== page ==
So the early sixties gives me a great deal of leeway with what can be prototypical. Class 303, early dmus, and all sorts of early deisels. A4s were having their last days out of Buchanan Street station and would be seen moving between there and Cowlairs. Ex-Caley locos would still be hauling north bound goods from College Goods yard (near High St) In fact with both Cowlairs and the Caley so close I could run damn near anything and who could say it was wrong.

Ewing

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 Posted: Fri Sep 5th, 2008 12:25 am
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cabby_driver
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The image below is a scanned partial of a map obtained from Alan Godfrey maps. It shows the southern approaches to Springburn and is full of detail. The map dates from 1933 but I doubt that the overall track layout would have changed much. I have also put in a link to their website and you may wish to add them to your suppliers list. The old ordnance survey maps can be a good resource for folks like me who enjoy researching the prototype. And in my opinion the prices are pretty reasonable.

 



 

http://www.alangodfreymaps.co.uk/

cheers

Ewing

 

 

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 Posted: Fri Sep 5th, 2008 09:03 am
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henryparrot
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Ewing

as you say the early sixties will give you a great deal of scope but remember its your railway so you can run a pendolino or a rocket on it if you want to.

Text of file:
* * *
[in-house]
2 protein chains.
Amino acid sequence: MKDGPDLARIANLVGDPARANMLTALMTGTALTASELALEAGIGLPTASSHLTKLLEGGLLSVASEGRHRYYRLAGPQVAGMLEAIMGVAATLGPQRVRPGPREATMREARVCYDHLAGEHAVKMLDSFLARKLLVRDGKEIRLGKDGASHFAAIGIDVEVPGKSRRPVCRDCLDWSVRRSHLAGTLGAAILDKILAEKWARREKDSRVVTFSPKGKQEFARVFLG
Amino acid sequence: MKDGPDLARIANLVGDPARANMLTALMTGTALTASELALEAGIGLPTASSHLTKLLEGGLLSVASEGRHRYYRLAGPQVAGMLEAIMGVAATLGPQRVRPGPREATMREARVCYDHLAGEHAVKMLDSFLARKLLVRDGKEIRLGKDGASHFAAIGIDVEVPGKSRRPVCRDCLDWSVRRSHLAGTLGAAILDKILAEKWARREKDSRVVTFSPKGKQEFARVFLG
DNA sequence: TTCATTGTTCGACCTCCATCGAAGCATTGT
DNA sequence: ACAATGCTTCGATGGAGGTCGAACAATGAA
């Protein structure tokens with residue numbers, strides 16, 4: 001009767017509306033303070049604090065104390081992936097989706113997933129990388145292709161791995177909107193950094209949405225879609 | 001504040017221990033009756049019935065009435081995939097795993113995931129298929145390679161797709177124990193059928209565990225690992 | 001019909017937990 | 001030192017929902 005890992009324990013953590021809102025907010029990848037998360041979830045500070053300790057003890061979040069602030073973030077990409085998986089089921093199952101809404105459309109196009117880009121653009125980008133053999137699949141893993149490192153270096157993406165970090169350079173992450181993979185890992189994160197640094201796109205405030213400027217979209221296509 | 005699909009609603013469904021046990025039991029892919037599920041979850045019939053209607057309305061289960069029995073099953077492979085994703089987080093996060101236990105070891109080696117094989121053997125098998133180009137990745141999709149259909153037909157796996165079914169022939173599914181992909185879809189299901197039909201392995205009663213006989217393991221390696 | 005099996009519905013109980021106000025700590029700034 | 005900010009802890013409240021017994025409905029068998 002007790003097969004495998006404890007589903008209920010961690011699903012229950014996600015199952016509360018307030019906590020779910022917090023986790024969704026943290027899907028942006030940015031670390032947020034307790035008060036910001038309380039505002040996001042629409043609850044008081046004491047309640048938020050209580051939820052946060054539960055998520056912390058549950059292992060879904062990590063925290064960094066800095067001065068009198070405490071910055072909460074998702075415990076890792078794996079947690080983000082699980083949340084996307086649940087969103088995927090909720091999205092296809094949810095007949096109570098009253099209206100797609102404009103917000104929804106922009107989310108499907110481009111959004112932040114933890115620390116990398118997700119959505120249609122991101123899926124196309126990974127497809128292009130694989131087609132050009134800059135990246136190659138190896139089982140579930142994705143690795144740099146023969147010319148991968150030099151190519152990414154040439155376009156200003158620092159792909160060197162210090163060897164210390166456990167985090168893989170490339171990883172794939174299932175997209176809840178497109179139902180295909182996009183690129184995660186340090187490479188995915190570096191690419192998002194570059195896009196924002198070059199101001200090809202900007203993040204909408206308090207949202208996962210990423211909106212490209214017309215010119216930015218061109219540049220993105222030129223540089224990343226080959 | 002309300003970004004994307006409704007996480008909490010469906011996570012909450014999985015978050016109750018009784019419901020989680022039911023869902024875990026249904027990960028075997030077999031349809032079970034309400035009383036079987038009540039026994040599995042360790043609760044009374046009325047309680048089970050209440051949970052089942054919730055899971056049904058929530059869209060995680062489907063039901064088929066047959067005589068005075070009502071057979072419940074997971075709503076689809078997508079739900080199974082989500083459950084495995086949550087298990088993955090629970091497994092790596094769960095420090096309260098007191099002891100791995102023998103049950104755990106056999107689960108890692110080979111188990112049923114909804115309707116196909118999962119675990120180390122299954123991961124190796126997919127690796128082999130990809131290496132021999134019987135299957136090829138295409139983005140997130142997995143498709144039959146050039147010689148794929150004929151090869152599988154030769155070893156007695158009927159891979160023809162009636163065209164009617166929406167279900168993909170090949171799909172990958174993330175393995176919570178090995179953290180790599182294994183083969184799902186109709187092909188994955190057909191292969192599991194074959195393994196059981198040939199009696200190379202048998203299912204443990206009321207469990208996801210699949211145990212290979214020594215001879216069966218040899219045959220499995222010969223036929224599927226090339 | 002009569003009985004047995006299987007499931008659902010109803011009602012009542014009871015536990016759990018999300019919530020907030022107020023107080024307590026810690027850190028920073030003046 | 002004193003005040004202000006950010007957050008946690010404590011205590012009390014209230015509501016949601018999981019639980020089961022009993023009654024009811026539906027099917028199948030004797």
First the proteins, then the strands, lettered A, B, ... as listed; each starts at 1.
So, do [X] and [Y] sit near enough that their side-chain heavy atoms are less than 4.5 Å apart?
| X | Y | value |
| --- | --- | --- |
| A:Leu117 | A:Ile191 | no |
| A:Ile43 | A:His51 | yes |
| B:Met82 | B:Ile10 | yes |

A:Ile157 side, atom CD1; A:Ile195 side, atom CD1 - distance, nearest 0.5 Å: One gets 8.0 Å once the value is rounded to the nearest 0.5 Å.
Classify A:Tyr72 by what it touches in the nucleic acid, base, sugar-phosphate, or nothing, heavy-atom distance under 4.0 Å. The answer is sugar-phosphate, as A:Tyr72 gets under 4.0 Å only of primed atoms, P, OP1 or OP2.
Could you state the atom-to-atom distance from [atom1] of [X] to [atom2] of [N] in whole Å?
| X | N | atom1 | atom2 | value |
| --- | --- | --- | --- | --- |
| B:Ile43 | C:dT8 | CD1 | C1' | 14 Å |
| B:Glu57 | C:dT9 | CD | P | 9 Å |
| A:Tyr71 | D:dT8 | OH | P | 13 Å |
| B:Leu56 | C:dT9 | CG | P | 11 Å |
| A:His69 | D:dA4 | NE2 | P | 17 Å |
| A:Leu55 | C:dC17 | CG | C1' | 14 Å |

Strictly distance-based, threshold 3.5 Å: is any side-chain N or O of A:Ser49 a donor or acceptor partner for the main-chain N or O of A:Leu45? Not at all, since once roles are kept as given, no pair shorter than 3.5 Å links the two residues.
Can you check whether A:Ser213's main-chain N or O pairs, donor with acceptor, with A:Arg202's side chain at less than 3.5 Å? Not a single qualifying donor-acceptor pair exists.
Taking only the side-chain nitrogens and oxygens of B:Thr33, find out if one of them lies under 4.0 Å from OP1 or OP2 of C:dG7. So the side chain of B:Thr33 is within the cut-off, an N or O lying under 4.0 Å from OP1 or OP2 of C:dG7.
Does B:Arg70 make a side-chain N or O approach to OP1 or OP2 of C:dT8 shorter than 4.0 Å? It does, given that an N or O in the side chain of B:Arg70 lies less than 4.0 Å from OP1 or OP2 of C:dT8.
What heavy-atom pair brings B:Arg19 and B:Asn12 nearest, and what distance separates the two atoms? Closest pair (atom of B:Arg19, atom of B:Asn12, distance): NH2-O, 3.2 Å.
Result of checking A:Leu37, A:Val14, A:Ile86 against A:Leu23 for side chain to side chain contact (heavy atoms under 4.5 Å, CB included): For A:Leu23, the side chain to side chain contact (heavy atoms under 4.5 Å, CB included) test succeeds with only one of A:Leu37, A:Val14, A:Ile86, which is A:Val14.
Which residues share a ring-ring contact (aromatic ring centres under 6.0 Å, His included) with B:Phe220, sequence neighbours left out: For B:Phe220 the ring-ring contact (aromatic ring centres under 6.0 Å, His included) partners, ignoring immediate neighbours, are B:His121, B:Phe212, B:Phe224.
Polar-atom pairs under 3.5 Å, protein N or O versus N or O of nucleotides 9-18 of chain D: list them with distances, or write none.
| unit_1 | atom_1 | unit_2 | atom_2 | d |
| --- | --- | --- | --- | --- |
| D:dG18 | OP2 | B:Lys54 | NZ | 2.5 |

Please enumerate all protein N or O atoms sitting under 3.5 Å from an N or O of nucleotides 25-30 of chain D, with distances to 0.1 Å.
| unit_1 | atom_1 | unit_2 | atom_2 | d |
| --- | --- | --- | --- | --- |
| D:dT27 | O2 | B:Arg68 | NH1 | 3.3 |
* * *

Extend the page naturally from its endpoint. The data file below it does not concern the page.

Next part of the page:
Its nice to have a personal link to the layout you are building im sure once you start asking family and friends you will gather quite a lot of info.

Have you been able to decide what size and what type of baseboards you are going to build yet?

cheers Brian.W

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 Posted: Fri Sep 5th, 2008 09:50 am
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cabby_driver
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Yes Brian the basic idea for the baseboards will be one for the station area and that will be around 7ft.  This will be a frame to make it as light as possible. Intend making a start on Sunday (my day off). The back scene of tenements and Station Road will be built seperately as an add on to save space while building it.

Since for the moment a permanent home for the layout wont be possible I am thinking in the long term and I am going for as close to the prototype as possible. One of the main advantages from my point of view of model railways is creating a working replica of the past. I wouldn't like to think of myself as a rivet counter.....but if its possible to be historically accurate then why not. Besides I have always enjoyed the research.

Will post my progress but it will be slow going as I work around 70/80 hours per week.

Ewing